College Board and DeSantis

Vince Kim

When the College Board announced its new Advanced Placement course in African American studies, it attempted to cover one of the more complex histories of the United States: the story of black Americans. Yet, piloting a course in the history of race, one of the most charged topics of this nation, would also invite heavy criticism and controversy from conservatives sensitive to how race-related issues are taught in schools. 

In late January 2023, Florida Governor Ron DeSantis, a Republican planning on running for president in 2024, announced that he would ban the AP African American Studies curriculum for its historical inaccuracies and violation of anti-“woke” laws, which prohibits teaching how race relations have largely shaped a person’s status as privileged or oppressed. 

As the tense battle between the College Board and DeSantis unfolded, new conflicting details emerged on communications with Florida over the course framework. While the Florida Department of Education claimed to have first questioned the legality of the AP course under state law in late January 2022, the College Board asserted that its final revisions in December 2022 were “weeks before Florida’s objections were shared.”

In early February, the College Board labeled the DeSantis administration’s comments that the new course “lacks educational value” as “slander,” in addition to arguing that its organization never negotiated with Florida or any other state on the course’s content. However, the nonprofit then released an updated course framework that cut out some 19 topics from the original content, including Black Queer Studies and Black Lives Matter. Instead, the College Board revised these topics as optional ideas for a mandatory 1,500-word project. While Florida has expressed its gratitude to the Board for excluding “discriminatory and historically fictional topics,” the revision caused an uproar among Democrats.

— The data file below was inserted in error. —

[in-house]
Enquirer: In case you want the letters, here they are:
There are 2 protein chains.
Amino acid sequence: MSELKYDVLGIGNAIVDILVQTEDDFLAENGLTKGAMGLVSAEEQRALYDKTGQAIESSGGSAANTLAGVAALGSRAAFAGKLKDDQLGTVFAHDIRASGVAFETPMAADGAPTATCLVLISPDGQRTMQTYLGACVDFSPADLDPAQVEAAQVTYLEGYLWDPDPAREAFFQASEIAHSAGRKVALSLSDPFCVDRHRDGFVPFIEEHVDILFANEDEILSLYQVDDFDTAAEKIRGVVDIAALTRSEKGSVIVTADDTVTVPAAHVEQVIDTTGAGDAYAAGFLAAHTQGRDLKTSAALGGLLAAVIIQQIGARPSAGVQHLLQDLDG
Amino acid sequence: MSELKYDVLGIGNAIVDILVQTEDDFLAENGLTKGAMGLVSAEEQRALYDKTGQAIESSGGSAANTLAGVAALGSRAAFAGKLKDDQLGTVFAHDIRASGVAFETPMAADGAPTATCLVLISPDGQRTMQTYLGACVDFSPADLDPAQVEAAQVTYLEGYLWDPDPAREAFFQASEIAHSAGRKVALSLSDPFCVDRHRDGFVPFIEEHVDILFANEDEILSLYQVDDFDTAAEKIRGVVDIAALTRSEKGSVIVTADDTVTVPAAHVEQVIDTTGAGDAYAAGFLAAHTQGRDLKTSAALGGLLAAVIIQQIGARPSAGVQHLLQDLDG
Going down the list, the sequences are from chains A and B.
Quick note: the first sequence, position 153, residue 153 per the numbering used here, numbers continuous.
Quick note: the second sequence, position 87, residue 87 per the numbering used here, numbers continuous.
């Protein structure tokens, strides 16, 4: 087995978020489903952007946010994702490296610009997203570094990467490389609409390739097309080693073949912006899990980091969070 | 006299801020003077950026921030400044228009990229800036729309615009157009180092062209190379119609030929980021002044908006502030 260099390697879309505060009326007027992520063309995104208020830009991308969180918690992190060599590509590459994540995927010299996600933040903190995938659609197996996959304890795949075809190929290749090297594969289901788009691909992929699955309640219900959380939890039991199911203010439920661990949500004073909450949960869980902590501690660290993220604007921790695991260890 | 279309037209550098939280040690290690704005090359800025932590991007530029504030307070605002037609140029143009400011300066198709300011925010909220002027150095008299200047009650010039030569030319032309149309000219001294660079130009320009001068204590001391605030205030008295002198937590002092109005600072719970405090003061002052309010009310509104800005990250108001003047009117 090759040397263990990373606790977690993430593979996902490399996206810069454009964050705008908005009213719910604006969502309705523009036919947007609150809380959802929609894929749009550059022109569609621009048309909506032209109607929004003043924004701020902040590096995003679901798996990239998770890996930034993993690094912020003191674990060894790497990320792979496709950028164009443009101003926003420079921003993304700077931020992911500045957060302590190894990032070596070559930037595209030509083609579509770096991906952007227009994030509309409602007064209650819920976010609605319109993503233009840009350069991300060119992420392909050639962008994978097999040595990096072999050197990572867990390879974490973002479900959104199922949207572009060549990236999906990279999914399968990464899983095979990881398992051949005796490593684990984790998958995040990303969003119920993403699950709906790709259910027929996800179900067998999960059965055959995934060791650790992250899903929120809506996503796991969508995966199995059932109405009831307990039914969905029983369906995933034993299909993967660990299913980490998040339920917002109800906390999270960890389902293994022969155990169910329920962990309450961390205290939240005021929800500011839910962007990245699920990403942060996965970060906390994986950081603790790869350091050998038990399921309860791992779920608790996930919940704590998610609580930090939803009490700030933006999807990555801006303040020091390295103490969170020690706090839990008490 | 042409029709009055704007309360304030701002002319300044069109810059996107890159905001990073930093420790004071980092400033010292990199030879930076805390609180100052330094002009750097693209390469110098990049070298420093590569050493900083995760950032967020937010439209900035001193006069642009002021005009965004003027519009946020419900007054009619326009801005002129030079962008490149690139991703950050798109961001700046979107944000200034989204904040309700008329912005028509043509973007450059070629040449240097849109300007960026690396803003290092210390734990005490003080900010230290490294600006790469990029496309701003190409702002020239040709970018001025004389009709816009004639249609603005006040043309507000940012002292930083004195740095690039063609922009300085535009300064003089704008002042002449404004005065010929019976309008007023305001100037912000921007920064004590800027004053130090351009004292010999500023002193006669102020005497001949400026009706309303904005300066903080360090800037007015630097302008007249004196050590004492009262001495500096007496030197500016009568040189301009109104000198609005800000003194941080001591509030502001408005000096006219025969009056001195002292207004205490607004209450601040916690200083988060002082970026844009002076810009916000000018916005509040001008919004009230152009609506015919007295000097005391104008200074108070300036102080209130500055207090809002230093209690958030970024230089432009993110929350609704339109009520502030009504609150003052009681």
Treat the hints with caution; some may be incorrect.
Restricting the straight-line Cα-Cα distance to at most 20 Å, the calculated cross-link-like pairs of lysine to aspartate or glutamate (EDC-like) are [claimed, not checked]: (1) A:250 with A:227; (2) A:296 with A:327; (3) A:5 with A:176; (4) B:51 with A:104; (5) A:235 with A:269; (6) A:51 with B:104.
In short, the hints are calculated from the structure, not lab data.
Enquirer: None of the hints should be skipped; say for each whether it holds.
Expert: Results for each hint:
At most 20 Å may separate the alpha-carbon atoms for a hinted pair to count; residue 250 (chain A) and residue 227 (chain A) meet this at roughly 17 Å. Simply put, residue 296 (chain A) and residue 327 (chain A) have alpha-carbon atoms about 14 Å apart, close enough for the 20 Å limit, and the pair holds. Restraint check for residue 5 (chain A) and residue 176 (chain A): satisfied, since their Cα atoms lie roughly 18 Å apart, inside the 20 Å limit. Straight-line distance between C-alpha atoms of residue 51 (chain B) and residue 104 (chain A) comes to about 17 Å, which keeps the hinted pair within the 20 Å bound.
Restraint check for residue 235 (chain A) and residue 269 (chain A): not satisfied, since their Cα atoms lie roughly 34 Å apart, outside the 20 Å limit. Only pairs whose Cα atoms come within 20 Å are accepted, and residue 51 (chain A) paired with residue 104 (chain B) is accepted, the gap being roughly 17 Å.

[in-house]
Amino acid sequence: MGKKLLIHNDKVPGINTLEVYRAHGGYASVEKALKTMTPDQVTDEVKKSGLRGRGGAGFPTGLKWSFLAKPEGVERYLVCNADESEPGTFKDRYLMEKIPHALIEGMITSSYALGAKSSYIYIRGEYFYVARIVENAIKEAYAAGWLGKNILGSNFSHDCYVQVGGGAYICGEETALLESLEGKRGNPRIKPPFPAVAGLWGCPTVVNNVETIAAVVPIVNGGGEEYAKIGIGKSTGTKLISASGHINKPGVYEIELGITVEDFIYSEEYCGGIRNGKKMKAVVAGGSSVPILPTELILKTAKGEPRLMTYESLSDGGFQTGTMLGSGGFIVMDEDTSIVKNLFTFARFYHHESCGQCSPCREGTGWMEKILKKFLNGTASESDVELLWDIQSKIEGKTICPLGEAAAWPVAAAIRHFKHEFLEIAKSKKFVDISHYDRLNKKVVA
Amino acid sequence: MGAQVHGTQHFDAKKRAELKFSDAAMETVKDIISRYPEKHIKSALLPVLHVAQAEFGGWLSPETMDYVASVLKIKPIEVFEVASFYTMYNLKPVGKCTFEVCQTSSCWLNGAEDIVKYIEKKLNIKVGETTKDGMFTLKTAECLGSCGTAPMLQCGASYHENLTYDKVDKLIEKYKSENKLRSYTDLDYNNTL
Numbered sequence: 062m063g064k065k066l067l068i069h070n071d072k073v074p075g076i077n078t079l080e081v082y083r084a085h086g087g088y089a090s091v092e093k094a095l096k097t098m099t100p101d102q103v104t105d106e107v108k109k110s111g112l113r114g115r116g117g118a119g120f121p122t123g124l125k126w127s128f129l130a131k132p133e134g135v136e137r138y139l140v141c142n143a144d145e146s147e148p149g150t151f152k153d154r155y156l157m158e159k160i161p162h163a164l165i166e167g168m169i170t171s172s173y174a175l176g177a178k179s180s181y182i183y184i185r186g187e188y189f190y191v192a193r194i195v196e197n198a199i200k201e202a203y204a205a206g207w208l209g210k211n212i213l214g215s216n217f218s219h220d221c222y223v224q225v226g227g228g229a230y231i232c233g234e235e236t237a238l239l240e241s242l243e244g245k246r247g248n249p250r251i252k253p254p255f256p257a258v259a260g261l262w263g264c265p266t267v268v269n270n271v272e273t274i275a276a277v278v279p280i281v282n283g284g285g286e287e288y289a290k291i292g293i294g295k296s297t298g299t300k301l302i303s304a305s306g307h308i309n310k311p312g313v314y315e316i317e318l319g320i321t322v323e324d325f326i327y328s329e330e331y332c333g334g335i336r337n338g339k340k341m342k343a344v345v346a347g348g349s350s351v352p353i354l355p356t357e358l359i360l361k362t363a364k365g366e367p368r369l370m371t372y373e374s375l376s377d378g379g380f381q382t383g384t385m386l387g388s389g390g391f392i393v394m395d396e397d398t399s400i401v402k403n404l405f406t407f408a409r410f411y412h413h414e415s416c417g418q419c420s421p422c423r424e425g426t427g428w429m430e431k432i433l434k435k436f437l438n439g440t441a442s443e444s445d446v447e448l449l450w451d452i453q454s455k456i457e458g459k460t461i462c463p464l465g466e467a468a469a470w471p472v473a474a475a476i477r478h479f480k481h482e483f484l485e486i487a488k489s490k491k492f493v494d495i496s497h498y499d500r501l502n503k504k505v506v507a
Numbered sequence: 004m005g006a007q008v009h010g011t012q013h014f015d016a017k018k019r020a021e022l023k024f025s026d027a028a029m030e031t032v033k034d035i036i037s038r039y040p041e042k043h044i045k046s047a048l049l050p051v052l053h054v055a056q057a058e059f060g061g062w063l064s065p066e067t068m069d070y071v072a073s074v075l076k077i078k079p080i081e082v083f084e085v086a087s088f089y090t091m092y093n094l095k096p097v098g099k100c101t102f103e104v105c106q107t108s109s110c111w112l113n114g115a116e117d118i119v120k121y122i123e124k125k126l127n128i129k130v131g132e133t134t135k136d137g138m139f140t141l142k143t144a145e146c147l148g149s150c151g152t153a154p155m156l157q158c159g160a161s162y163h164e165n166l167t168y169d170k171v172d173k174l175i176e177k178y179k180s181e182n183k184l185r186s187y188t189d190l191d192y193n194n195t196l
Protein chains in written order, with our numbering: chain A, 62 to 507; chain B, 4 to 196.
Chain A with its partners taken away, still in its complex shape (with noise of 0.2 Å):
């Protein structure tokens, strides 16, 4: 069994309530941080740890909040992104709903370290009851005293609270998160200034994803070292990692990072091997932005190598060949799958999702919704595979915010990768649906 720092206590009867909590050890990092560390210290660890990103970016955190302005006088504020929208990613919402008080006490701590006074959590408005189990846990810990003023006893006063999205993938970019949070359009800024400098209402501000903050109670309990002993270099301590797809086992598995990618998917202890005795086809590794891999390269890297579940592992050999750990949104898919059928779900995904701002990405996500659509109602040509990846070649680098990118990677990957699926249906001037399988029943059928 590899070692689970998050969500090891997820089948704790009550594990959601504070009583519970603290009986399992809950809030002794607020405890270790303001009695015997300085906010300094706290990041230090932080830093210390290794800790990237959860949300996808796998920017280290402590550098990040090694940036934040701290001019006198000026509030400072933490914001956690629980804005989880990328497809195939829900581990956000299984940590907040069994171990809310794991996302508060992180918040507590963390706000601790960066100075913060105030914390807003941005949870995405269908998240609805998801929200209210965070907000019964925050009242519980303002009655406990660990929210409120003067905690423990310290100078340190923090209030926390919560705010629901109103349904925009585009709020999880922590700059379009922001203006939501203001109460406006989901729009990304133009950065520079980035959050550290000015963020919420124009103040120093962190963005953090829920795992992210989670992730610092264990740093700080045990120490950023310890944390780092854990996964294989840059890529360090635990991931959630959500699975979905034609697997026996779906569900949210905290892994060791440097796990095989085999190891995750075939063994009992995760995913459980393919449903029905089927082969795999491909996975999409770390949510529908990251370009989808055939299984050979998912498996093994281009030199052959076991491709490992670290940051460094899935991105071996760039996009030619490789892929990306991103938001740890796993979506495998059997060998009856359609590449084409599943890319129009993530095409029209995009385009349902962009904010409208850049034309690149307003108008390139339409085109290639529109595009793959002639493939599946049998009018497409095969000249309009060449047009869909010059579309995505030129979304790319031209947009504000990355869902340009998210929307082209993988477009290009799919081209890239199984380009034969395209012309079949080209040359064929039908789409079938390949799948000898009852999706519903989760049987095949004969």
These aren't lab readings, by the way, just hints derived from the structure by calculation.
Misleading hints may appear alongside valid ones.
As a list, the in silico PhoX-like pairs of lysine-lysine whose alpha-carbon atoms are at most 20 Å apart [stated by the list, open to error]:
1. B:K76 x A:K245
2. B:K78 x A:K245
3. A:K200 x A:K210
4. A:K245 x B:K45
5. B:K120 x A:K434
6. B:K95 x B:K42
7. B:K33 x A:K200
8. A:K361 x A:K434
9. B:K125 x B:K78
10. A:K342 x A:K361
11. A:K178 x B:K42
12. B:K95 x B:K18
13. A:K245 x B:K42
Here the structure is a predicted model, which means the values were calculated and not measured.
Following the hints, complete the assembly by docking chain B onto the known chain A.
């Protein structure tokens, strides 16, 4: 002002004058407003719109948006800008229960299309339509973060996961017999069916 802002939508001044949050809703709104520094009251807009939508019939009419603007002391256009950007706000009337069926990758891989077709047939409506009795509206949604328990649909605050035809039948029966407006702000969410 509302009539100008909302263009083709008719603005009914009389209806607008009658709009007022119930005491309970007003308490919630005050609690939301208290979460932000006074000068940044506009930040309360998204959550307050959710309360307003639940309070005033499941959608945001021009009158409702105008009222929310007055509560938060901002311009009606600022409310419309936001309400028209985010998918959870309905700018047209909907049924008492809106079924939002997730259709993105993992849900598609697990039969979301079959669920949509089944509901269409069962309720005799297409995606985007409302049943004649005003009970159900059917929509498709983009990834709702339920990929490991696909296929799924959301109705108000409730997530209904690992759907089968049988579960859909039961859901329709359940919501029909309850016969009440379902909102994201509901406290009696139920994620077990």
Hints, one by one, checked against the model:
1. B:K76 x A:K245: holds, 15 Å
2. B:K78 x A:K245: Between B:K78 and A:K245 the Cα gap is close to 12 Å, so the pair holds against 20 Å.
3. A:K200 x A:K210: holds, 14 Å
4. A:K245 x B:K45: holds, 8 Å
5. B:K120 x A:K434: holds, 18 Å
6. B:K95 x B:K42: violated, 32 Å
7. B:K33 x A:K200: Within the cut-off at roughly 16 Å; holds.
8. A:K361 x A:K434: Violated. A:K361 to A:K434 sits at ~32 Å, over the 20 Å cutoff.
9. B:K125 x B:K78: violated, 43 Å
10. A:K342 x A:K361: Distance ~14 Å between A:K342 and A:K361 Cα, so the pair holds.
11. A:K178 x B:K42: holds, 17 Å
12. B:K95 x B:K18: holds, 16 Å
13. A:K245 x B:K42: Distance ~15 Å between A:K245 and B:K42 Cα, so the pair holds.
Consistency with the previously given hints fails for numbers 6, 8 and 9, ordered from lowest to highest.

While Florida’s push for such revisions has triggered a serious political debate, it’s easy to forget that aside from its political aspect, education in the US has ultimately been threatened. If efforts to expand the scope of history receive this magnitude of criticism from conservatives, for something as vital as African American history, the future of US education is undoubtedly grim.